The Last “I Love you”

Northwest  |  January 25, 2019
Photo by: Liao Qiongyu (攝影/廖瓊玉)

On December 8, Arthur Villa walked into Tzu Chi’s booth at the Disaster Recovery Center. You could see the sorrow on his face and feel the sadness in his eyes. Without a word, people intuitively felt sympathetic.

Arthur is a truck driver who spends three weeks on the interstate highways every month. All he looks forward to after a tedious long day of work is to spend some short, but valuable time with his wife. His wife, Jennifer Hays, has a psychiatric disability. She can take care of herself and perform habitual tasks, such as cooking and cleaning, but driving or socializing with others is beyond her abilities without assistance from others. With family out of the state and no kids, the two had been together for 20 years.

Jennifer had met a few bad men who treated her poorly before meeting Arthur. After developing a loving relationship together, Arthur said he wanted to take care of her and love her forever. Every time before going out for work for three long weeks at a time, he would stock the fridge with food to ensure she had enough to eat. “Jennifer is Italian and her Italian cooking is my favorite food,” Arthur said. The two lived in their paradise, relying on each other even though they spent more days away than together.

Before the wildfire on November 8th, Arthur was already on the road. Before heading out, he bought Jennifer a new phone and a new iPad in order to keep in touch online. The morning of the wildfire Arthur received a phone call from Jennifer. At that time, Arthur was close to Seattle. Jennifer calmly explained on the phone that there was very thick smoke outside their home, and that a community worker had called to inform her that the sheriff would be coming to pick her up. Jennifer explained that she was told to get prepared and gave a heartfelt “I love you” before hanging up the phone.


After that call, Arthur was unable to get in touch with Jennifer. The wildfire was on the news everywhere. Worried about his wife, he contacted his company to switch his shift. He drove straight back to North California and started searching for Jennifer. Arthur was soon informed by the sheriff that human shaped remains were found next to his house, but were unable to confirm the identity without a DNA test. Arthur immediately got in touch with Jennifer’s family in Ohio. Based on the DNA tests, the remains were confirmed to be Jennifer. The loss was devastating for  Arthur as the reality of Jennifer never returning set in.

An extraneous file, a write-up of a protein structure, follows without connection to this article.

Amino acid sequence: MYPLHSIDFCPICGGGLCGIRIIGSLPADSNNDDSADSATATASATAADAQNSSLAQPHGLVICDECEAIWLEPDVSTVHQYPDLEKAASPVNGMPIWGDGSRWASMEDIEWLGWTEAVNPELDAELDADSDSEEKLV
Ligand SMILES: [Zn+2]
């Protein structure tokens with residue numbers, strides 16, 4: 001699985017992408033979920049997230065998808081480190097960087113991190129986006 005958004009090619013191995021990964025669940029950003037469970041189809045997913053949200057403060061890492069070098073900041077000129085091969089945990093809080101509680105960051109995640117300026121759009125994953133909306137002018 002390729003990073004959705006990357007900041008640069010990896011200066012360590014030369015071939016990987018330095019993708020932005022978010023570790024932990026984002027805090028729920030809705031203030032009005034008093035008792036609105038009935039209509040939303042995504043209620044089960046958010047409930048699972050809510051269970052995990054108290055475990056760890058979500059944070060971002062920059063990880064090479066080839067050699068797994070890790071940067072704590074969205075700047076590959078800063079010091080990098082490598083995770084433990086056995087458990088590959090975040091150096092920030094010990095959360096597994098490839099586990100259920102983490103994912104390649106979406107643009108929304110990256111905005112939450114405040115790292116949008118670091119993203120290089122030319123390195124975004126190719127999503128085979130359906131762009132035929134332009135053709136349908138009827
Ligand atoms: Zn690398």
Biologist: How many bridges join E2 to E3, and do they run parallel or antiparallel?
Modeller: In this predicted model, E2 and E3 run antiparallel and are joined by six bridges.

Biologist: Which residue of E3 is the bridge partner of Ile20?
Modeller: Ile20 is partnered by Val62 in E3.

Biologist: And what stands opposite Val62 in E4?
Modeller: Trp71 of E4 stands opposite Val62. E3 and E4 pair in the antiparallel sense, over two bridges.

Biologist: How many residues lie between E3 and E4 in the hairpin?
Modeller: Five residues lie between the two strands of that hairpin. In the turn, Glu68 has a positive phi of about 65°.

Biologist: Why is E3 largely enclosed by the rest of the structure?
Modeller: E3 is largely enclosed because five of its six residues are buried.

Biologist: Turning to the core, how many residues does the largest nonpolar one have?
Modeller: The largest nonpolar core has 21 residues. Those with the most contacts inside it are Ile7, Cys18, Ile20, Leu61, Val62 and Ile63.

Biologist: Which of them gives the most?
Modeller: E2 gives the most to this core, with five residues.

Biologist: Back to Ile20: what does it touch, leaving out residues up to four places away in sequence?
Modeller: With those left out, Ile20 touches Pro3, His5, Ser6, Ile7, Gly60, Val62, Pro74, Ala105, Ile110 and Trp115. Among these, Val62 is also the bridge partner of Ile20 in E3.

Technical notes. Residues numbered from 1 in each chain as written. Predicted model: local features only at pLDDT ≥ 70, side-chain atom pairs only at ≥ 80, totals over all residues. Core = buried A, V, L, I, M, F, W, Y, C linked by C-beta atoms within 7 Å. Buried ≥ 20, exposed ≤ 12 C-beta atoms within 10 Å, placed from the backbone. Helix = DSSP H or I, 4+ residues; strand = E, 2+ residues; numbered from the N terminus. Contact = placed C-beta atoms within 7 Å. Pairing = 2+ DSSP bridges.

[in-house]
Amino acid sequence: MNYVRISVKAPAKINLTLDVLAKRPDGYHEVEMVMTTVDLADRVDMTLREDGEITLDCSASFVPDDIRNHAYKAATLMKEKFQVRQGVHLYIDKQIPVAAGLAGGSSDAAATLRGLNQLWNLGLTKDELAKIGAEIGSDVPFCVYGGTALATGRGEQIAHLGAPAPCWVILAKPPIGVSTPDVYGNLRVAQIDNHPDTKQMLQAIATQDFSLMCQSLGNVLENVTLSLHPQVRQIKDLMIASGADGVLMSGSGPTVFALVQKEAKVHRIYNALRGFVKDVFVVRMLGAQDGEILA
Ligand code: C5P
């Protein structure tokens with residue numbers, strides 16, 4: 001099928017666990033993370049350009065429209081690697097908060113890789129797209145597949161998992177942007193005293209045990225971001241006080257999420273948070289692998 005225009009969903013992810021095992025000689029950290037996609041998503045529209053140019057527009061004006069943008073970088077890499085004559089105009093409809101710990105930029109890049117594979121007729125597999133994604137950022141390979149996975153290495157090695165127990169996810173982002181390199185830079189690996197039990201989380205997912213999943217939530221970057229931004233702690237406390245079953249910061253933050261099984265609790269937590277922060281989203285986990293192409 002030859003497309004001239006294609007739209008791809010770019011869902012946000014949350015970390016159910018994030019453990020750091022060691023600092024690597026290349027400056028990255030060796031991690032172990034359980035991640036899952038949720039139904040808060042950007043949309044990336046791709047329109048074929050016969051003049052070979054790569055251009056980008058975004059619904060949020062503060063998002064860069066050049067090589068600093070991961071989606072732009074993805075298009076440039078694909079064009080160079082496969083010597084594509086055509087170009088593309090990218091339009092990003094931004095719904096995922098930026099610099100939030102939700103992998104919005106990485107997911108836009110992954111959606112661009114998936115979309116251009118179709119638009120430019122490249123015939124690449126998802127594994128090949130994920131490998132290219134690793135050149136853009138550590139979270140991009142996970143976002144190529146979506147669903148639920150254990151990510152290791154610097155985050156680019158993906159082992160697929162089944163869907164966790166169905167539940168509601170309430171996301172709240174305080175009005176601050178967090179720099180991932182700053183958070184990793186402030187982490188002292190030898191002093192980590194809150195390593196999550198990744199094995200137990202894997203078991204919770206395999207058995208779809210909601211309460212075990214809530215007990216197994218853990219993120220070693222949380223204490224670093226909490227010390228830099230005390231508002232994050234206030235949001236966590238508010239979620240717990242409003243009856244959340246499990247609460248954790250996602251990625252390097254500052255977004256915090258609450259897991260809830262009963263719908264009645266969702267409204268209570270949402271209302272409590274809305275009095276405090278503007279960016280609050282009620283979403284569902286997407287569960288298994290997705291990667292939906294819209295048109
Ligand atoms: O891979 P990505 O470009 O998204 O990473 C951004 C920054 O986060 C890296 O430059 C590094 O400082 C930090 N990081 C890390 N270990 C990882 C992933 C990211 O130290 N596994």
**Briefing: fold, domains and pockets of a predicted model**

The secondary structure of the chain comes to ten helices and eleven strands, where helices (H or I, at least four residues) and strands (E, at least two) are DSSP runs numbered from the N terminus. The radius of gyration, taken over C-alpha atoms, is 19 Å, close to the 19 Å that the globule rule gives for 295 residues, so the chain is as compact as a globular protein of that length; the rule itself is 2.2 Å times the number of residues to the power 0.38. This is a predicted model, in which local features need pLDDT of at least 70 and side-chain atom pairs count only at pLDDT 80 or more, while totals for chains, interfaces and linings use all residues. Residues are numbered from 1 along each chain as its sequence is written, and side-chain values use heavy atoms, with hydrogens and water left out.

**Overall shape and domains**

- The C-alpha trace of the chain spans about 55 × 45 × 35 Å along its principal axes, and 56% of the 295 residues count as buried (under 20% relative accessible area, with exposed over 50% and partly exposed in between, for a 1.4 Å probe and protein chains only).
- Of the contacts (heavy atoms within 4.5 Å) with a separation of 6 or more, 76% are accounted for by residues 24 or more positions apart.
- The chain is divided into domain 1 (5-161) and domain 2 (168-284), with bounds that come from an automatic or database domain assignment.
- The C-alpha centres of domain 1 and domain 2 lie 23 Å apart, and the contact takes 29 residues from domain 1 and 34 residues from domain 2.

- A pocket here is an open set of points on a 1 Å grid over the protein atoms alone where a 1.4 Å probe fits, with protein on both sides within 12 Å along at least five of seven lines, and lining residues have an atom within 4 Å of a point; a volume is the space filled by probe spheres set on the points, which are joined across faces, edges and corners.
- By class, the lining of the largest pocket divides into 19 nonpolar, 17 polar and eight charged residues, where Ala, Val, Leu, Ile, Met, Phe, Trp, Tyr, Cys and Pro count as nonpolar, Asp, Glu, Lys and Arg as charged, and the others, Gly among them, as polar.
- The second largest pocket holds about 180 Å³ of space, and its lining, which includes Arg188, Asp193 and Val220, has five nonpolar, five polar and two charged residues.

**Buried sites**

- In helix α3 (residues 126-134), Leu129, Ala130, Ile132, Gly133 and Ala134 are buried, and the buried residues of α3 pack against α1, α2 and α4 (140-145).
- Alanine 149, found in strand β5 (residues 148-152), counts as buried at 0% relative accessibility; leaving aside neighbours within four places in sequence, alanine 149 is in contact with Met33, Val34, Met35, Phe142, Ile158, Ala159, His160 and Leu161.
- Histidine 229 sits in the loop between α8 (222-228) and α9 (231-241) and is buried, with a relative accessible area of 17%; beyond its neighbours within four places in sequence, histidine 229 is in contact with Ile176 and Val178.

With his long hair and taste in heavy metal music to match, Arthur mentioned his joy of listening to heavy metal rock while driving. “But I’m not in the mood to listen to any music right now” as a result of Jennifer’s passing, Arthur explains. After the emotionally tolling experience of the identification process, the sheriff settled Arthur into a hotel in Paradise. Arthur said he wants to go back to work as soon as possible, in hopes that it will distract him from thinking about Jennifer. Losing Jennifer was a heartbreaking loss for Arthur. All he wants is to go home to have a last look at his deceased wife, after the sheriff allows him to visit the remains. Only by looking at her with his own eyes can he accept and begin to heal from this tragedy.

Arthur, who had no friends or relatives here, talked with the volunteer Zhu Pei Da for over an hour. Arthur said to Zhu, “Thank you for your hug. I haven’t interacted or touched with others for a long time.” With support from the caring volunteer, Arthur was able to release the grief in his heart, which in turn brought tears to the eyes of the volunteer during this exchange of great sympathy, understanding and compassion.

When the Camp Fire disaster occured, neither Arthur nor the sheriff would have been able save her life, even if they were present during the tragedy. Life is rarely predictable. For Arthur, his only comfort is in Jennifer’s last words: “I love you”.

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